My anxiety increased when I spotted a series of pictographs adorning the commune walls. I understood even from a distance that they depicted the Omoro chronicle. An arched door opened when I neared the entrance, the walls dancing with life-sized pictographs displaying the images of my ancestors and their strange, star-bound vehicles. I approached them and traced their outlines with my fingers while in my mind hushed voices whispered ancient tales.
Coolness wafted from the commune's interior. A refreshing draft ruffled my hair and caressed my face. The drumbeat softened into a gentle heartbeat as five Omoro appeared from the shadows. With a thrill of recognition, I regarded two adults and three children. Joy filled my heart and buoyed my spirits when I realized I was no longer alone.
The group approached slowly. Poised, ebony-skinned and willowy-limbed, they wore their hair in elaborately coiled braids beaded with amber, coral and other precious stones. Golden thread glinted from the colorful batik prints of their robes. Beautifully crafted jewelry of amber and gold adorned their wrists, ankles, ears and necks.
The Elder, a man of noble stature and warm, patrician features, wore an embroidered sash of rank adorned by a large ruby the shape of a bird's egg. My eyes were drawn to a small tattoo on his left temple depicting several intersecting circles. He smiled and bowed, his deep chocolate eyes and rich voice familiar.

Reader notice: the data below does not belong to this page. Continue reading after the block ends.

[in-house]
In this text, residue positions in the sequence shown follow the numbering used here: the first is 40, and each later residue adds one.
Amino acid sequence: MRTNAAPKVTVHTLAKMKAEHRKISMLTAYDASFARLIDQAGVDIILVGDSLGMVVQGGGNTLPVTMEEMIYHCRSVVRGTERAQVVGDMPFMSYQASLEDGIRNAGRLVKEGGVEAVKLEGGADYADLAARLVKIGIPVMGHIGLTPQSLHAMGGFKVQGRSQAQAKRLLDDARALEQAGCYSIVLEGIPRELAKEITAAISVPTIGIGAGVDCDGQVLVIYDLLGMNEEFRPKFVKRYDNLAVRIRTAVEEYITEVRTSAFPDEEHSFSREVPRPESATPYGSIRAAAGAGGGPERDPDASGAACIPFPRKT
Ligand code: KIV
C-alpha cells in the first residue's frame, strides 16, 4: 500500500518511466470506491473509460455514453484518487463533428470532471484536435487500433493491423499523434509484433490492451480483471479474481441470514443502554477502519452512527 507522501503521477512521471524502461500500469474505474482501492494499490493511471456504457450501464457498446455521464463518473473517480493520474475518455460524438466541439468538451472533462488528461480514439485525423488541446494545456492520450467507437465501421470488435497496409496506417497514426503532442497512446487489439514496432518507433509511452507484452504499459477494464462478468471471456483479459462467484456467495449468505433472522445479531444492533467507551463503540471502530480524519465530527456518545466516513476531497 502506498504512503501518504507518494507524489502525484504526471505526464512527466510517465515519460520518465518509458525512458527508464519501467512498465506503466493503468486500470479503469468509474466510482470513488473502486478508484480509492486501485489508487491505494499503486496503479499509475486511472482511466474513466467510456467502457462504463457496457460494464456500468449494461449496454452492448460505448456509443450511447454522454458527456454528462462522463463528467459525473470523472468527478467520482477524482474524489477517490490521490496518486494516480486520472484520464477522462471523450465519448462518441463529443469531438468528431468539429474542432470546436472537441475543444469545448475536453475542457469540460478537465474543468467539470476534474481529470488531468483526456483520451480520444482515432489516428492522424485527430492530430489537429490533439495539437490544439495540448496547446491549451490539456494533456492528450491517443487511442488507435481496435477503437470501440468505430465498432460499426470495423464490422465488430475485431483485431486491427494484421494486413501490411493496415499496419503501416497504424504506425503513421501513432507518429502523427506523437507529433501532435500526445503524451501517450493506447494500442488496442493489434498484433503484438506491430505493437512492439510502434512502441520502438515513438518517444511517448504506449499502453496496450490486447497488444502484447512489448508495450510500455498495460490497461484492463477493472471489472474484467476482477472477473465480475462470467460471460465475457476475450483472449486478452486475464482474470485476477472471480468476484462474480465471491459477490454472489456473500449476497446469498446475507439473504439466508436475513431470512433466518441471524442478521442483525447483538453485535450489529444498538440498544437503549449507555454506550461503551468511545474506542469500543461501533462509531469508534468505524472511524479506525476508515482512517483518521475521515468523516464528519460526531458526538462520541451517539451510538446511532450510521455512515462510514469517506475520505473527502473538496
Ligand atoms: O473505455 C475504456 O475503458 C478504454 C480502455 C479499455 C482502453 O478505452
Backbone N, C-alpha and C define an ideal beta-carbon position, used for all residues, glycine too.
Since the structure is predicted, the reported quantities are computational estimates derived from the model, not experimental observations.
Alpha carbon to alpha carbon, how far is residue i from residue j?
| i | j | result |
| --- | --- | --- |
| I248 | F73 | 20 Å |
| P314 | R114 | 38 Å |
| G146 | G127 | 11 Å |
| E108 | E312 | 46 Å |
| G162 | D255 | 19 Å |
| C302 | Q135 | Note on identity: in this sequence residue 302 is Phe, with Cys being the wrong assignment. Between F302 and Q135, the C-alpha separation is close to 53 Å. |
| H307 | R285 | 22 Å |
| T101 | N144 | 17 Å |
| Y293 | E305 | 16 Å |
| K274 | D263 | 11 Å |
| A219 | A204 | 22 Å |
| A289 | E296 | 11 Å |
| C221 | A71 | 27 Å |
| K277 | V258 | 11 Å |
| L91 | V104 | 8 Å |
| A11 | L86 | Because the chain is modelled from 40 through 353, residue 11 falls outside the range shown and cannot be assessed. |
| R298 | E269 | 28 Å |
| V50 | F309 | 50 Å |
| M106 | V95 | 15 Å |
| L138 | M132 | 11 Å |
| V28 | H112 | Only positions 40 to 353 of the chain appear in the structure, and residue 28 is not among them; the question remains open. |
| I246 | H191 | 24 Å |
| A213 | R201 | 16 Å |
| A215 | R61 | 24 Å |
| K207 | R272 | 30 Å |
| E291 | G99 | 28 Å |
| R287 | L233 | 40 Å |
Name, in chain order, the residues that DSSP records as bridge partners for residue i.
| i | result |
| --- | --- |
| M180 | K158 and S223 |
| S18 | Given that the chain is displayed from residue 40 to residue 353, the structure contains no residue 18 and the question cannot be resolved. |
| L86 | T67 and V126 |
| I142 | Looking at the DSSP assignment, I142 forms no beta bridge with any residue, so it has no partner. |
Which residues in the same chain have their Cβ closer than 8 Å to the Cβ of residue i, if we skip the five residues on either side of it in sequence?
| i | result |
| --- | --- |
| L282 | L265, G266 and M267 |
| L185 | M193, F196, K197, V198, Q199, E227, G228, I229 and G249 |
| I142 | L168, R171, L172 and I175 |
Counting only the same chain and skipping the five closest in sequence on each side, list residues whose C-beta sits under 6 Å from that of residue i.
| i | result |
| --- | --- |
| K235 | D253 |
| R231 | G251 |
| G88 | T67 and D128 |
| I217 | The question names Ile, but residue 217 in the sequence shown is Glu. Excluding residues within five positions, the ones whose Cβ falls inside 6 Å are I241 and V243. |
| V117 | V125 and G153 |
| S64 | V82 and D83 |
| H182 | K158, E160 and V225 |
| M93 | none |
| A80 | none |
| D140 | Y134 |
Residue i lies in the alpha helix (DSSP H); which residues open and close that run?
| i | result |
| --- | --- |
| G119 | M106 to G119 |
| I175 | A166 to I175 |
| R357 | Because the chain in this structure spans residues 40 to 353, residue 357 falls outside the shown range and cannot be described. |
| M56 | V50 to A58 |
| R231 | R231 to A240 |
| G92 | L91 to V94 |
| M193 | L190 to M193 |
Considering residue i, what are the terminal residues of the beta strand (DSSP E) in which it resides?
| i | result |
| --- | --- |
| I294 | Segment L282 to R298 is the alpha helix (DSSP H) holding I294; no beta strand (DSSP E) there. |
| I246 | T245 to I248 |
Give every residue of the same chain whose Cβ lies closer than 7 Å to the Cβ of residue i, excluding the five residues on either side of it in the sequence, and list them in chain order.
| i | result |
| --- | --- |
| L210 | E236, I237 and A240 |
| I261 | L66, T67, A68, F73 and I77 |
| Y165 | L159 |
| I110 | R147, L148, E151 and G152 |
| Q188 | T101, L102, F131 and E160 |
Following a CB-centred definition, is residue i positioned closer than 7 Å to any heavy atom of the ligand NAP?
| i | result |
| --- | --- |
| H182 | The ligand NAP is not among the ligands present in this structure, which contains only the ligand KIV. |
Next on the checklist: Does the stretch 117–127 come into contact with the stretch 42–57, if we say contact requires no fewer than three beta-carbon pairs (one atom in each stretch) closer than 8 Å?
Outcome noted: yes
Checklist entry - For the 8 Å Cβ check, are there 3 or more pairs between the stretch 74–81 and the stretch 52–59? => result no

"Welcome to the homeworld, Kanuwe. I am Badarou, Elder of the Sofouru Commune." He turned to the others, who smiled welcomingly at me. "This is my wife, Nsangue, my son Renwati and daughters Tanifah and Dhoman."
We bowed in greeting, the action instinctive on my part. I stared at Badarou. He smiled and nodded.
"We have already spoken. I was present at your awakening."
I recalled the spectral faces in the tanks and glanced questioningly at the others. A shudder coursed through me as I thought of such a hellish incarceration. I wondered whether immortality was worth such a price.
"Such an existence was not their wish," Badarou said, reading my expression. "And I would not have insisted."
A question half-formed on my lips. Badarou gazed toward the lake and the majestic mountain range beyond with misty eyes.
"Look around you, Kanuwe. Such is the beauty of Omori, our home--a world of peace and prosperity, a people at one with nature."
Moving with regal grace, Nsangue approached me and took my arm. She smelled of musk and spice, the drowsy warmth accentuating the enticing aroma. When she smiled, her teeth were a flash of ivory against flawless dusky skin. Ankle bracelets tinkled delightfully as she moved. Her mahogany eyes melted into mine, her velvety touch a calming salve against the questions burning in my mind.
"It is time to meet your ancestors, Kanuwe," she said, leaving the others behind. "Come help me prepare for the evening tea ceremony."
We entered the deliciously cool retreat of the commune. Tiled fountains soothingly splashed amidst handcrafted furnishings of wood, metal and stone. Colorful tapestries, basketry and bold sculptures adorned niches and walls, reflecting muted sunlight from artfully angled windows and skylights. The setting was serene and peaceful, an embodiment of the Omoro persona.
"This is wonderful," I said as I admired the lovingly crafted décor. My fingers strayed to a mosaic plaque depicting the commune, placed to receive the filtered light from a nearby window. Vivid colors blazed with feral intensity.